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A Day in the Life: Fund Raiser and Investor Relations

8:00 a.m.: I arrive at work. I’m lucky in that my position doesn’t require a lot of overnight work. My morning is my own. Sometimes I even hit the gym before I get in, though not as much as I should. I answer e-mails, some from fund holders with questions about recent news reports on private equity, and dig up the latest information on a fund for a status call.

9:00 a.m.: Status call with major investor. This is a major state pension fund that placed a good chunk of money with us. So we give them an update every so often, anywhere from every other week to once a quarter, depending on what they want and need.

10:00 a.m.: Grab a cab and head across town for a sales meeting.

10:30 a.m.: Sales meeting. A major university is considering a placement with us. It’s my job to show them what we’ve done, what our plans are, and the mechanics of making the placement. In this case, they’re interested but want a follow-up meeting with their chancellor and our bosses. So on the ride back to the office, I’m on my smartphone to see which of the bosses would be available and when.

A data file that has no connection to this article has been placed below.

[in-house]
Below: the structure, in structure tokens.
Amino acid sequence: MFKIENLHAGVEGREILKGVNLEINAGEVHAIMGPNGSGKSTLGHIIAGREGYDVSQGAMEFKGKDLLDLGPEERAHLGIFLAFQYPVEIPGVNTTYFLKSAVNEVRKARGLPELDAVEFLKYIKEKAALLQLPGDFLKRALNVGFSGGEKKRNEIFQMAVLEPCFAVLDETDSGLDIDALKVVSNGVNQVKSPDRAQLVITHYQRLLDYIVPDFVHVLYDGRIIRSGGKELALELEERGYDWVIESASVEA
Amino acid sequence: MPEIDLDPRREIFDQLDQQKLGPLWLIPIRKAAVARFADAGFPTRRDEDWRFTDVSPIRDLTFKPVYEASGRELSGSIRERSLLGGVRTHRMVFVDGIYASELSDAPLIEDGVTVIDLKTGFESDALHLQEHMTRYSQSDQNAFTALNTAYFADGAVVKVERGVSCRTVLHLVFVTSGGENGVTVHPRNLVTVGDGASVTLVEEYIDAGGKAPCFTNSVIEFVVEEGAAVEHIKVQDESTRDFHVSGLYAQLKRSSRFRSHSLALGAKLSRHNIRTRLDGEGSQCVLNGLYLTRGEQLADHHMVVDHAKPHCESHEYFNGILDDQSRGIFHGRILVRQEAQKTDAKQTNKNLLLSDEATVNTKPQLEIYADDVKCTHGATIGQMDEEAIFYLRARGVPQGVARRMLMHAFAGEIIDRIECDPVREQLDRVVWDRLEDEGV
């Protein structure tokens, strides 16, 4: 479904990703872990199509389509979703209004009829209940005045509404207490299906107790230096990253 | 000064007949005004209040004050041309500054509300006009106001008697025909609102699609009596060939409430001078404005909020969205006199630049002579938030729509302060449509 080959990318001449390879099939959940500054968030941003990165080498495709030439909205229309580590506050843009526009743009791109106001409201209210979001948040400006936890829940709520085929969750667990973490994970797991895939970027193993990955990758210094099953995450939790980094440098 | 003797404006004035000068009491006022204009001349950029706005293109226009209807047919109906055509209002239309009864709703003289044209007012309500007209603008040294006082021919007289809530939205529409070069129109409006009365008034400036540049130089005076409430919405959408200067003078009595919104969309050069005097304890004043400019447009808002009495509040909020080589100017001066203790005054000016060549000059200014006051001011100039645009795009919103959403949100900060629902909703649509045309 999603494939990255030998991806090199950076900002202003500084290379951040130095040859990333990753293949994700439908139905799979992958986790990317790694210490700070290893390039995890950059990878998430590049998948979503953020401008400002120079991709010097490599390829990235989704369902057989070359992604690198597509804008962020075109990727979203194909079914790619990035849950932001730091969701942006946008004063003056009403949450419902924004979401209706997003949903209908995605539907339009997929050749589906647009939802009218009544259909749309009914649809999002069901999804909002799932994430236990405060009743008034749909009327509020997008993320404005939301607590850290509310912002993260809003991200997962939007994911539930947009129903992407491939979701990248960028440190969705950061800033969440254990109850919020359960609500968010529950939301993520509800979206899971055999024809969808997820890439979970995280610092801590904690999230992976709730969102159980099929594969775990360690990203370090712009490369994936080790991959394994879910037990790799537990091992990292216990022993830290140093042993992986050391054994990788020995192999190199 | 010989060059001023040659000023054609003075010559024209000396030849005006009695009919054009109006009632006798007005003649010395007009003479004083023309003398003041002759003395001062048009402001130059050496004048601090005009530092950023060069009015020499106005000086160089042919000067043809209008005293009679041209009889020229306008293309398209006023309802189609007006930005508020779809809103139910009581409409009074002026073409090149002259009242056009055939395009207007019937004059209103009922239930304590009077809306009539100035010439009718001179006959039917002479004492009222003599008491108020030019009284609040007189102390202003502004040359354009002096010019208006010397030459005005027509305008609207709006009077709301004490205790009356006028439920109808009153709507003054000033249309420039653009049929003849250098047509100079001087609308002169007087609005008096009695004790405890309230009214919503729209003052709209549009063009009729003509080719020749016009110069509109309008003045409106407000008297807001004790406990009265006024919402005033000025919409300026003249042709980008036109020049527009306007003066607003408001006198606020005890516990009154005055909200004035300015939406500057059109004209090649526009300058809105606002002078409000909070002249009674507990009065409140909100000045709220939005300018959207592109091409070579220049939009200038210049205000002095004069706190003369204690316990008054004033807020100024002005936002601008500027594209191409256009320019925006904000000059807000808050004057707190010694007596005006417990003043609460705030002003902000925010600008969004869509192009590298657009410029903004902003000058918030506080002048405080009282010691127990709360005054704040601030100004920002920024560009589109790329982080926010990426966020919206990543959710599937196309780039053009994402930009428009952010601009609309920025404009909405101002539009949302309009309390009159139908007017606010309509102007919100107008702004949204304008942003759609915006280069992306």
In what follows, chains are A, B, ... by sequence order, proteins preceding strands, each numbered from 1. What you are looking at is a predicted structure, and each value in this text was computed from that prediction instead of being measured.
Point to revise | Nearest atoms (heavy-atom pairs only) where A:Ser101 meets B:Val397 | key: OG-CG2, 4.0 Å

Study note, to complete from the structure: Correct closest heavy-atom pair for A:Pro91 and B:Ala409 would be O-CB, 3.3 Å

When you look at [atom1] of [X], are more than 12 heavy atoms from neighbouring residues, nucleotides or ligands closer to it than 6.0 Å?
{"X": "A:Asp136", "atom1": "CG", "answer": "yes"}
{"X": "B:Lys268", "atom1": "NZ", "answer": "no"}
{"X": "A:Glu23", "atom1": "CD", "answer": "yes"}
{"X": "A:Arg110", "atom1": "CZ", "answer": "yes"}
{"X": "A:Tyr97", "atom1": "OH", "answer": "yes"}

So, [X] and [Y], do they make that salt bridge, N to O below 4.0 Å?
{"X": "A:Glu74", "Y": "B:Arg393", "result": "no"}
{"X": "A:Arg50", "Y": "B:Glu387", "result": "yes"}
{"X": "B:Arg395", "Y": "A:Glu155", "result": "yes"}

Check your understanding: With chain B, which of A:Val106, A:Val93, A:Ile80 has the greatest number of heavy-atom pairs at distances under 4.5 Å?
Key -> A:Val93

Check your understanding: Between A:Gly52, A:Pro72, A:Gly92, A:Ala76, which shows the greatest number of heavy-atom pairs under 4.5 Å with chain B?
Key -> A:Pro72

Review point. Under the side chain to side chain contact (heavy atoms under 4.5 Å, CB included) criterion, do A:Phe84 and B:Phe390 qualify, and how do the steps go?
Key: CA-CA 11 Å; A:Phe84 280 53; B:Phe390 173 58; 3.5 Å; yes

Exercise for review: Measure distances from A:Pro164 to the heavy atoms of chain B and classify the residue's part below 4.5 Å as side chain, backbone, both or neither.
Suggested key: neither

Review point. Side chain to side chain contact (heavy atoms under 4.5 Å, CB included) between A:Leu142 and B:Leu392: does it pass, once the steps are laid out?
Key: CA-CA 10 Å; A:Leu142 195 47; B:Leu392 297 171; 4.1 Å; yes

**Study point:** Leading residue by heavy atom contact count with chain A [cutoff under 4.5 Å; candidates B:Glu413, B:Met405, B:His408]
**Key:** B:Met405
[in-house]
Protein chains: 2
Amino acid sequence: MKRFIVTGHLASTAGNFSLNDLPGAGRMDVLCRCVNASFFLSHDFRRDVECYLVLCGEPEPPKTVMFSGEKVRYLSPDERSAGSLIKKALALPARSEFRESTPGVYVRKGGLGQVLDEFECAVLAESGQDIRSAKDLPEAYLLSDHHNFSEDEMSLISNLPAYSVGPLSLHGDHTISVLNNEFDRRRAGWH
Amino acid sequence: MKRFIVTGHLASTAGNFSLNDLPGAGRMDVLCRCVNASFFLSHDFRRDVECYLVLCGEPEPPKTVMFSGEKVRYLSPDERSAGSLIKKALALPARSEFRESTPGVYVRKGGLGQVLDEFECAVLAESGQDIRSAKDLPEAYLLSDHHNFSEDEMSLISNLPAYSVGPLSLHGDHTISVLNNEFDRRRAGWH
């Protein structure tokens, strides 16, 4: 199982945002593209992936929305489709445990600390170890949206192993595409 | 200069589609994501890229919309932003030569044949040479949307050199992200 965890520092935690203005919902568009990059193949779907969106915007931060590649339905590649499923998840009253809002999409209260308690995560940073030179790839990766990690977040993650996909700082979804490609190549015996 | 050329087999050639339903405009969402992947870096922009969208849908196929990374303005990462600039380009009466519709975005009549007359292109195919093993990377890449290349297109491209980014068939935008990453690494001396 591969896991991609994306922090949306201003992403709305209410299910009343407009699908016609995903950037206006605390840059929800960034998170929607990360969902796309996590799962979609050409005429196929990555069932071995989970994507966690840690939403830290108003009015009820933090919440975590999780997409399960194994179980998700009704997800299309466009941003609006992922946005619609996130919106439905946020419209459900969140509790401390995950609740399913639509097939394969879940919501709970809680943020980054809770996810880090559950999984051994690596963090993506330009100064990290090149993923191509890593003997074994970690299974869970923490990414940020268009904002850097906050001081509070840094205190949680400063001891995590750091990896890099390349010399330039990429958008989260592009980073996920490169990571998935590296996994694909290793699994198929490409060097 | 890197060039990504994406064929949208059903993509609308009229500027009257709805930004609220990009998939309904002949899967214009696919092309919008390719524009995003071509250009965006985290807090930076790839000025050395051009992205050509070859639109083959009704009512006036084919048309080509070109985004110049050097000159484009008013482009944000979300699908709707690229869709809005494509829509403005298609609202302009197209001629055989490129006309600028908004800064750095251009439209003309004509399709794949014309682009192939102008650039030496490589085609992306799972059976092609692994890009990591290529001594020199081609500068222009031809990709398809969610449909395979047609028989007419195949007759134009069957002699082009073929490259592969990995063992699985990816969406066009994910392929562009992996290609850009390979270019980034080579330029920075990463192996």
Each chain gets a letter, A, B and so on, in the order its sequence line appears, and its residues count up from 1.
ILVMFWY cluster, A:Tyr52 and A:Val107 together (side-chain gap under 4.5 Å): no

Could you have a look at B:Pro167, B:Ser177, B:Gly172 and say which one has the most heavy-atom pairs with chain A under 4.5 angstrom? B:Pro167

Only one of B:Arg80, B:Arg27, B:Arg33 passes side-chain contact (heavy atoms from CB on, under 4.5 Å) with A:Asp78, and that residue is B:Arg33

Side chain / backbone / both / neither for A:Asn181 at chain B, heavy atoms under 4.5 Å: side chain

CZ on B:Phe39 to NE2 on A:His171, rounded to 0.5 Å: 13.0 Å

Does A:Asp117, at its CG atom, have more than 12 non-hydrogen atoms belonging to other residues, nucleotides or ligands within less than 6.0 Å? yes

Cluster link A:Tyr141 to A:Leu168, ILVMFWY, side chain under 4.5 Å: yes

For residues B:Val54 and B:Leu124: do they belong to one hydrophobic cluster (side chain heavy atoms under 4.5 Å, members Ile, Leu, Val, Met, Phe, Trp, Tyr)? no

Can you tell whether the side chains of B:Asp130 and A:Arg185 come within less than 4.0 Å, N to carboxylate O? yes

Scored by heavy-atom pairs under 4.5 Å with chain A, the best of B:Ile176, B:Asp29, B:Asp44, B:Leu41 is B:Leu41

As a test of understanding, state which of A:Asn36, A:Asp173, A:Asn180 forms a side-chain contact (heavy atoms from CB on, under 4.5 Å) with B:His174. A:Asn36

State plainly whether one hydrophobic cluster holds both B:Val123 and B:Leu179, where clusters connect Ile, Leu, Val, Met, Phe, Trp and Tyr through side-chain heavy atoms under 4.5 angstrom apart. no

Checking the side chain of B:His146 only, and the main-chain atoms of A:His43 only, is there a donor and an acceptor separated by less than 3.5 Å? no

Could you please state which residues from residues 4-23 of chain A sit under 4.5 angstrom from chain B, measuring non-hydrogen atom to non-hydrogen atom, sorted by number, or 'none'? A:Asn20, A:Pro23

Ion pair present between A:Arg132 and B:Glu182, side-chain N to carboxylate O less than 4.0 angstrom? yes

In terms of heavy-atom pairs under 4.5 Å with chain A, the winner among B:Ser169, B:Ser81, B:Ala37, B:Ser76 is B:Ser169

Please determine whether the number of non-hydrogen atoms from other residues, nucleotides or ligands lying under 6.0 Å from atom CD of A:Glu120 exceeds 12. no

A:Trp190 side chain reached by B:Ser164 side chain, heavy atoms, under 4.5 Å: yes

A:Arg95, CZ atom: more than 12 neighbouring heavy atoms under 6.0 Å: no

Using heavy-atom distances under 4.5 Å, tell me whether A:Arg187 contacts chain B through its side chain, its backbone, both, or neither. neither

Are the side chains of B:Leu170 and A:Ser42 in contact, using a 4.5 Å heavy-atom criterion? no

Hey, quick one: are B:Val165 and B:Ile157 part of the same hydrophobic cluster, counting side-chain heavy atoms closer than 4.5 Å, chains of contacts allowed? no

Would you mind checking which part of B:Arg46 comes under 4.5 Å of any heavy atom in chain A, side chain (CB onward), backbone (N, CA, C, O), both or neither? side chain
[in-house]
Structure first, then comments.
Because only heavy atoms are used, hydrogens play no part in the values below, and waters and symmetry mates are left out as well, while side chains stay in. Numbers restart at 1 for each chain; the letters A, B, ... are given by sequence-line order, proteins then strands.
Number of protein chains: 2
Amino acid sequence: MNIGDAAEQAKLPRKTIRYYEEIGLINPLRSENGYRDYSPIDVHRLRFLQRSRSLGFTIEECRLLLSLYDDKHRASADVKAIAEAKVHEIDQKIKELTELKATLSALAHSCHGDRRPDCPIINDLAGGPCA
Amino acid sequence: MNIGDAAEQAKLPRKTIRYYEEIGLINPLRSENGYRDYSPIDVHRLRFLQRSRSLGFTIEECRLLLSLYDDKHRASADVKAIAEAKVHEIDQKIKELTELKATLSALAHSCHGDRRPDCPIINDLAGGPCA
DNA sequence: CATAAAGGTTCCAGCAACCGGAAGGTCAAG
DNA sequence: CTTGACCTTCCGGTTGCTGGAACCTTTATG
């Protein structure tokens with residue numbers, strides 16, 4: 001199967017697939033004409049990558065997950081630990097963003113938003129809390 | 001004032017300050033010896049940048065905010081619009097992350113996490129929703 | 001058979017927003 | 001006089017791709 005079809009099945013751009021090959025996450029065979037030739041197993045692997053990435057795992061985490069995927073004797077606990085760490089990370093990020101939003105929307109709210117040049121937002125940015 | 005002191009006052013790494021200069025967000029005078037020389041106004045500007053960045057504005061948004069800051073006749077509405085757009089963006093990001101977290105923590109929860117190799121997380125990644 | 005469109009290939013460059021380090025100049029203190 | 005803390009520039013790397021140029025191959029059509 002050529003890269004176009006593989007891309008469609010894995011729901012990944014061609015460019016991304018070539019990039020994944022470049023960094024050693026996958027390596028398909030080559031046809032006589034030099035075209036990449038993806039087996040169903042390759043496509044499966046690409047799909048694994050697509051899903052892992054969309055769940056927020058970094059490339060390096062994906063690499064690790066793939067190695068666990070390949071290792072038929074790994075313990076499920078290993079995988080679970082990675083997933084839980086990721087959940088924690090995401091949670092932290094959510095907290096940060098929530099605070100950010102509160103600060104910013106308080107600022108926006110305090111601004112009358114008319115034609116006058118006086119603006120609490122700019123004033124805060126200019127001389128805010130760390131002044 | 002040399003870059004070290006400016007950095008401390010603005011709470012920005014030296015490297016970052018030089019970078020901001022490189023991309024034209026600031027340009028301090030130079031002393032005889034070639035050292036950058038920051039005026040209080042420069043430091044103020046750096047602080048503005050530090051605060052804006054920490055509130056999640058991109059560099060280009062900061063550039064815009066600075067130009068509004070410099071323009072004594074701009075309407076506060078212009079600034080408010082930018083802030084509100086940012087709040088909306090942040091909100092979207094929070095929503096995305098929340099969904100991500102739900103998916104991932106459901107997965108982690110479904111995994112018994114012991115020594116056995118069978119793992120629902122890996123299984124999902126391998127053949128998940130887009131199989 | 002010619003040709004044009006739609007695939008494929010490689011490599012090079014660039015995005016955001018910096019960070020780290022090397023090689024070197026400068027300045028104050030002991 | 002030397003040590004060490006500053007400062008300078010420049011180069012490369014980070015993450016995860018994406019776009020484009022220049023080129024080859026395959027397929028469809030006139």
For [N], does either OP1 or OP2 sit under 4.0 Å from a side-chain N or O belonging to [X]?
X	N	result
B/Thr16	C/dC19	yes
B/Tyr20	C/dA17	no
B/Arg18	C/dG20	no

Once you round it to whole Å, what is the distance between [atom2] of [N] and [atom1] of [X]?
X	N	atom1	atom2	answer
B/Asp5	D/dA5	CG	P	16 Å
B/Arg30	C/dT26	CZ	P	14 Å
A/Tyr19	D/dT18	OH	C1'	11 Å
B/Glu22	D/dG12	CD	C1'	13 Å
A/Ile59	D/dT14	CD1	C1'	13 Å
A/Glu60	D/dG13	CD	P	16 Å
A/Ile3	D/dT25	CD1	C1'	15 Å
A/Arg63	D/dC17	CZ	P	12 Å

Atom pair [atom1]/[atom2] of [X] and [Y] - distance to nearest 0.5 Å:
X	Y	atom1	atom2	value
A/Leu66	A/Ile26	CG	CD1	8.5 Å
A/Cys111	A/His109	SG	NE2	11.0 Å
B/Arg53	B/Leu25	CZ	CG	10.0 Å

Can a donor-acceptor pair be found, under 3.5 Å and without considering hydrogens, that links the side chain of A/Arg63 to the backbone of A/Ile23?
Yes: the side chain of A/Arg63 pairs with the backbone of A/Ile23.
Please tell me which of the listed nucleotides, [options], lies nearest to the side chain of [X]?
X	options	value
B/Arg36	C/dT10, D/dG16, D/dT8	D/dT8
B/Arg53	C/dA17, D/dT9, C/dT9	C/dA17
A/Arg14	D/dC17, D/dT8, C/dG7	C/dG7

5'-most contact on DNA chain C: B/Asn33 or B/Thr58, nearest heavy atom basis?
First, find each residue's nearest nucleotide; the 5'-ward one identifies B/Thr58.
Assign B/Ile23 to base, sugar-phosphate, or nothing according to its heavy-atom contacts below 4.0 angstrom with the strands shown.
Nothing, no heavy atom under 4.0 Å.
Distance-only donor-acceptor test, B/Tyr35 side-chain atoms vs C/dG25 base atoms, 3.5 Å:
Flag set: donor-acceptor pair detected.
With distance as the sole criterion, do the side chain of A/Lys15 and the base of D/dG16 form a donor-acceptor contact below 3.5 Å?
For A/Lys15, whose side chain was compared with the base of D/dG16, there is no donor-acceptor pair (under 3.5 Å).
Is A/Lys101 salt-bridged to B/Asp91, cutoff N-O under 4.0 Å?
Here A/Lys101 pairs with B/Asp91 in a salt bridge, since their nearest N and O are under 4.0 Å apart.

12:00 p.m.: Following up on a lead. Even private equity firms cold call sometimes. A friend introduced me to a private banker a few weeks ago, and I’m following up to see if there’s a chance to do something together.

1:00 p.m.: Lunch. I always try to get out of the office for at least a half hour. It clears my mind and makes me fresher for all of the work I have to tackle in the afternoon. Not everybody has that luxury.

1:30 p.m.: Another status call with an investor.

2:30 p.m.: Reviewing the quarterly letter to investors. It’s early yet, but you want to be out there in front of them, whatever the news, so you can own the message.

3:00 p.m.: Meeting to go over the quarterly letter to investors with the writers and marketing consultant.

4:00 p.m.: Preparing for another sales call, this one for a hedge fund. You target your message differently. I wouldn’t make the same arguments for a university that I would for a hedge fund.

4:30 p.m.: Catching the train out to Connecticut with a vice president who helps run the fund.

6:00 p.m.: Dinner meeting with the hedge fund. When the vice president is there, I tend to let her do a lot of the talking, especially when they get down and dirty with the numbers. I simply keep things moving and make sure we tackle all the high points.

9:00 p.m.: Back to the train station and into the city en route to home, with e-mail messages going the entire trip.